150 at 2:51

I recently returned from our annual clergy retreat. There was a speaker and a schedule, but these things were punctuated by extended times of silence. We woke in silence. We ate in silence. Even our moments of free time—where the schedule is lax and there is nothing to do, silence was held. I did a variety of things in these times. Sometimes I napped. Other times I read. If it was nice out, I will go for a walk.

During this last retreat, I took advantage of this silent space to sit in my room and do Lectio Divina with Psalm 150. Lectio Divina has become a practice of that I have grown to appreciate very much in my spiritual life. The habit of slowing myself down, and allowing the words of the scripture (read 4 times slowly) to sink deep, deeper, and deeper still into my life, has awakened and informed my walk with God in profound ways.

Don’t get me wrong, not every time spent in Lectio Divina provides awe-struck inspiration. Sometimes it is simply a time of silence. Such was the case for my 30 minutes sitting with Psalm 150. Nothing earth-shattering took place. No epiphanies, no visions, no grand insights into the nature of God or the life of faith. My time in Lectio Divina was simply a pleasant and soothing time reading this Psalm.

But then I woke up at 2:51am.

Almost as if I was roused to wake, my eyelids sprang open and my mind raced with a multitude of questions, all inspired by the Psalm. Clearly that the words of the Psalm had not left me, or rather, the voice of the Lord had not left me. During my waking hours, I had attempted to hold the words of the Psalm with me. Now it seemed that the words of the Psalm were holding me. I could not get my mind off the questions that seemed to come racing in, I had to wake up and write them out.

What does it mean to praise the Lord?

What does it mean to praise the Lord in his sanctuary – in those holy spaces of our lives defined not by brick or mortar but by the mighty Spirit of our God?

What does it mean to see all of life as being lived under the dome of the heavens, so that we are always called to lift our heads in wonder and praise?

What does it mean to praise God in such times when we are arrested by the hand of God pressed in upon our lives, where the awesome greatness of God is both inspiring and terrifying at the same time?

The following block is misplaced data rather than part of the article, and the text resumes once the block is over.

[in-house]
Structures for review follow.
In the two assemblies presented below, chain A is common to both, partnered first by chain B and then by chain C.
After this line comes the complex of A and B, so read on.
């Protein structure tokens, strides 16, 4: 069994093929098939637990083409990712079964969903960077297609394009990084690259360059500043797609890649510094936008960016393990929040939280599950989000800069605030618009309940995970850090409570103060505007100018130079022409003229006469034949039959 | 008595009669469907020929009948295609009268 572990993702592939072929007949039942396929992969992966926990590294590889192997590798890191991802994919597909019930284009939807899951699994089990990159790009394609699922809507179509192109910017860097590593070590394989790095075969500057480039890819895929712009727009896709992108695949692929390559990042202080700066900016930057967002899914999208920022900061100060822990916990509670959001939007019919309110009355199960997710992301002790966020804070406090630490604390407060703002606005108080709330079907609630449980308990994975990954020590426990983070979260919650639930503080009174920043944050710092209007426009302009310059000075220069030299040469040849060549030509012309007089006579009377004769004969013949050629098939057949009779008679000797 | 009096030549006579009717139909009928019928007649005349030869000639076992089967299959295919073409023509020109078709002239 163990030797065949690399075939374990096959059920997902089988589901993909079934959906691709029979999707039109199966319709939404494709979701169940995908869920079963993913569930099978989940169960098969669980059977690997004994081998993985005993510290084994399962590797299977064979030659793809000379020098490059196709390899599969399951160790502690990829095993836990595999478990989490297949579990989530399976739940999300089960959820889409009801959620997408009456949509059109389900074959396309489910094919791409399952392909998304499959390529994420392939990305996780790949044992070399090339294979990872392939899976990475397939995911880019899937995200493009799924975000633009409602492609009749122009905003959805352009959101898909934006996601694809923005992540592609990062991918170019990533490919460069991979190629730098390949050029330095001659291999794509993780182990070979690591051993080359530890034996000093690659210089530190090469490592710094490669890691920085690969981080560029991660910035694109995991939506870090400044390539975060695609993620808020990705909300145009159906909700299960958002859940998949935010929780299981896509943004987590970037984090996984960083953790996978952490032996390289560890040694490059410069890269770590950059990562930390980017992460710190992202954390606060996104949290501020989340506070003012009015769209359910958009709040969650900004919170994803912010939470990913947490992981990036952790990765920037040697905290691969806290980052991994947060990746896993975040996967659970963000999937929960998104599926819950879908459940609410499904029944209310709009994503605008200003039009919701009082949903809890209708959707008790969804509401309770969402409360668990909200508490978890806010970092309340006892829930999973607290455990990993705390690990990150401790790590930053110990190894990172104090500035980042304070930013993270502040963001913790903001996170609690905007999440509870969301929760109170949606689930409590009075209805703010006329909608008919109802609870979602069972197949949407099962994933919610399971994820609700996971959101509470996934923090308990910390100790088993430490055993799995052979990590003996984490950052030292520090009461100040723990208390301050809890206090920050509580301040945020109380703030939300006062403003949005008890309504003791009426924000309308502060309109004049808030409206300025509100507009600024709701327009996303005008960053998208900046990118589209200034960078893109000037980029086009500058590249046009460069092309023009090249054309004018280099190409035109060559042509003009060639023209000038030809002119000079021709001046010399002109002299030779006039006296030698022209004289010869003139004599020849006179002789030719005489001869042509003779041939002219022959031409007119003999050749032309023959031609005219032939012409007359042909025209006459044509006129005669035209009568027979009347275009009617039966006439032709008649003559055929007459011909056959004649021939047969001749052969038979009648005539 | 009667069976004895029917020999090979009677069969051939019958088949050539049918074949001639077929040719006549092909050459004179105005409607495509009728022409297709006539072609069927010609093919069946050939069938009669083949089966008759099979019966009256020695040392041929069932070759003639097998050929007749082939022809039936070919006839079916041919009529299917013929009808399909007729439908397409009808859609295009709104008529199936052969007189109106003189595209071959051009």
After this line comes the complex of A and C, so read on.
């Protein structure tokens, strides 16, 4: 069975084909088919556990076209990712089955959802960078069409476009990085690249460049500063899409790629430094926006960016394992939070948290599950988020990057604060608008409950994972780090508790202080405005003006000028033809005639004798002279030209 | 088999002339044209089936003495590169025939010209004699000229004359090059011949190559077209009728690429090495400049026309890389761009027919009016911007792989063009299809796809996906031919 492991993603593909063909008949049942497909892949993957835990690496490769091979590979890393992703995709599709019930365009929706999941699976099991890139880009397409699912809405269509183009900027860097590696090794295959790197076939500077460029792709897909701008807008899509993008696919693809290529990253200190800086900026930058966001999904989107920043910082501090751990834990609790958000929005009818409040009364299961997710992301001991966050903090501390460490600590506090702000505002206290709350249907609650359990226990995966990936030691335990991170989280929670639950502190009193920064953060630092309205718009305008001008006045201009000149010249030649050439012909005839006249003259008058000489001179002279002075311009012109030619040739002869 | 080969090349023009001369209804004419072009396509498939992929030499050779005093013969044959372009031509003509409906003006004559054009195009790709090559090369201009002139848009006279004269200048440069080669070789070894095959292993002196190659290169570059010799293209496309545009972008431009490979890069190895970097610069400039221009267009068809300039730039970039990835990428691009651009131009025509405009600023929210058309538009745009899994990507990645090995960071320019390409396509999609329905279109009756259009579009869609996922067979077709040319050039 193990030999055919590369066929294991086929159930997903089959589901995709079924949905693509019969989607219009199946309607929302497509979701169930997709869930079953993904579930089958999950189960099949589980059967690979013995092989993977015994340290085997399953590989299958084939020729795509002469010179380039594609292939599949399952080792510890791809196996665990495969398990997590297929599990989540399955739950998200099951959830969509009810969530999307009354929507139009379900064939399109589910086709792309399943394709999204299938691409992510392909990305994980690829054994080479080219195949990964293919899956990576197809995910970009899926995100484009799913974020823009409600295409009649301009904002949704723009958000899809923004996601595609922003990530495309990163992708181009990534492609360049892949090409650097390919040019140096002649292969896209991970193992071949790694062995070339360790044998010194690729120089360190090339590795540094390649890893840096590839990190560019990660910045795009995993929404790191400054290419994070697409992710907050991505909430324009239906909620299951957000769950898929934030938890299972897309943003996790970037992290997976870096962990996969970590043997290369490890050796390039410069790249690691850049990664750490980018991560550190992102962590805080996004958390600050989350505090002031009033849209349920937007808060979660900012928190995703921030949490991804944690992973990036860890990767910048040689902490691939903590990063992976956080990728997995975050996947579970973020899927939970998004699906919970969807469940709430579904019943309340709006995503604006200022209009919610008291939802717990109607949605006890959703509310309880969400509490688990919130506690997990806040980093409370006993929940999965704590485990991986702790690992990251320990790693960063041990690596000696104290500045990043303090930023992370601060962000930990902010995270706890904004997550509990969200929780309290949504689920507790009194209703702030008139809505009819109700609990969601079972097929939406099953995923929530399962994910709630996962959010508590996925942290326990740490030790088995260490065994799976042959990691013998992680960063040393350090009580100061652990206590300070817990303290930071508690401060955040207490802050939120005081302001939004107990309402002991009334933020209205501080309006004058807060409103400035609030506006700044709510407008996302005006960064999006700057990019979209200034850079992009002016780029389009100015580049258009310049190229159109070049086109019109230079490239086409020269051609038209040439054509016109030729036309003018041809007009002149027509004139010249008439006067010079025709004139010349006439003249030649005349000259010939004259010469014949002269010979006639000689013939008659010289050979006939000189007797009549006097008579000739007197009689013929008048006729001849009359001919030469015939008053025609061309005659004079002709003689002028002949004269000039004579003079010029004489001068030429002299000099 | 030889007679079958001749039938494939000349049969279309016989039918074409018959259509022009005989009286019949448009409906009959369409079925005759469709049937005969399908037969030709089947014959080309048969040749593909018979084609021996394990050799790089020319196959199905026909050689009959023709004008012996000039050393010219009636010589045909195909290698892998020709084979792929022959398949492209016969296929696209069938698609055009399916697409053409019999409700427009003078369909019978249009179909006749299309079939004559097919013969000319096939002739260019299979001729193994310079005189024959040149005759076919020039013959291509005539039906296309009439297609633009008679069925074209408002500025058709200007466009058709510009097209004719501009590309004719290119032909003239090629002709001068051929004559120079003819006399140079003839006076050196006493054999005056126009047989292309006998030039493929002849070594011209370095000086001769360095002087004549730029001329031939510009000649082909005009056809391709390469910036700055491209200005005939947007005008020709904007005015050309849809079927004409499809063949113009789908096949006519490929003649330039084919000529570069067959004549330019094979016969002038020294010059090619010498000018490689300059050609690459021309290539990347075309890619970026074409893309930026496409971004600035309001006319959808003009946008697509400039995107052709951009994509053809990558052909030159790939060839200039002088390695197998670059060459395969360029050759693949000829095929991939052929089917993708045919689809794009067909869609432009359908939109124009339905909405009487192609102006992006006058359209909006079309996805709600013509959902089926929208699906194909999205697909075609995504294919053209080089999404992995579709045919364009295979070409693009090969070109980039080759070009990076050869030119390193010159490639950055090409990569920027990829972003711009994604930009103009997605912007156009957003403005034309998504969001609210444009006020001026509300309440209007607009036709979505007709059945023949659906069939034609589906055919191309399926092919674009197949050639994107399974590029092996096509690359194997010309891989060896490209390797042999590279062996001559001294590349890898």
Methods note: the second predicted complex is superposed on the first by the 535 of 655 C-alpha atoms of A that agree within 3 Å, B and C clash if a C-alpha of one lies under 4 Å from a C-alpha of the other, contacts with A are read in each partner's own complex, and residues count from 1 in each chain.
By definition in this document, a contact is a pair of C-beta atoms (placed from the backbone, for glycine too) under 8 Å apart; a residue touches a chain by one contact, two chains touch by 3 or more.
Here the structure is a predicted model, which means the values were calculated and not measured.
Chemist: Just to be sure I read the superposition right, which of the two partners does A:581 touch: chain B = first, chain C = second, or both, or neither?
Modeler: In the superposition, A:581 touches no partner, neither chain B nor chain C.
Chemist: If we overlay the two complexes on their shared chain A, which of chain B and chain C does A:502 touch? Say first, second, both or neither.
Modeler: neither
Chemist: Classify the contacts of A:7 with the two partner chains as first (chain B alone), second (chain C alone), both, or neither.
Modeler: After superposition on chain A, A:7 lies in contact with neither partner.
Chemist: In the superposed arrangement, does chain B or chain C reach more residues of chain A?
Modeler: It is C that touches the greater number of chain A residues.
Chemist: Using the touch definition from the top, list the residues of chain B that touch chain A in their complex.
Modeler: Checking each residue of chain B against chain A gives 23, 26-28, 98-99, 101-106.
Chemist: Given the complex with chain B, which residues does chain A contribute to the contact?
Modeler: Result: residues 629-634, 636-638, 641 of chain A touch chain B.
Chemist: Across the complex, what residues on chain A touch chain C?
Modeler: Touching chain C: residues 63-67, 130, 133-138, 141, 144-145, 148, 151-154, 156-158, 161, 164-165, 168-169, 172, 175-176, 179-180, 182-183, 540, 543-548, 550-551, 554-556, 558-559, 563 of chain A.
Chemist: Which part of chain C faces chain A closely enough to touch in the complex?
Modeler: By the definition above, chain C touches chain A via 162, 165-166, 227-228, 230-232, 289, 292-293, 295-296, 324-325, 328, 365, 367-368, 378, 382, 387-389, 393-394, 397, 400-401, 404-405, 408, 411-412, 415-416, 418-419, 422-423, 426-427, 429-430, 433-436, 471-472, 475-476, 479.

What does it mean to praise the Lord through the different soundtracks of life;

In times of regal trumpets, of processions and glorious excitement?

In times of lute and lyre, subdued movements of mourning and sadness?

In the times of tambourine and dance, times of joy and festivity, laughter and happiness?

In the times of string and pipe, wherein we are called to stand motionless before the Lord?

What does it mean to praise the Lord when our cymbals are rung in celebration and triumph or when they crash in upon themselves, adding only noise to the din of chaos that sometimes surrounds our lives?

What does it mean to praise the Lord, not as an act done in a place, or in a time, but as something united to our breath, a movement of the soul by which our lives become the Hallelujah to our God?

I have no answers. If you do, I would love to hear them. But truth be told, I don’t think figuring out the ‘right’ answer to these questions was the point of my early morning meditations. These are not problems I need to answer. Rather, I feel called to sit with these questions, awaiting the time when God will bring to my life such resolutions. Perhaps it is in holding these questions that I find I will truly live out the answers.

May the Lord bless you as you work out these answers in your own Christian life. Praise the Lord!

One thought on “150 at 2:51

  1. Kyle, you are a gifted writer. I am always impressed and made to think a little deeper. Too often, clergy can fall into the trap of “doing” the Offices, as I sometimes do out of sheer obligation. But to surrender the most precious commodity, time, (waking up at 2:51 am) is a precious gift. Thanks, my friend for your insights. May God richly Bless you and your family this Season of Advent and always. John Macquarrie


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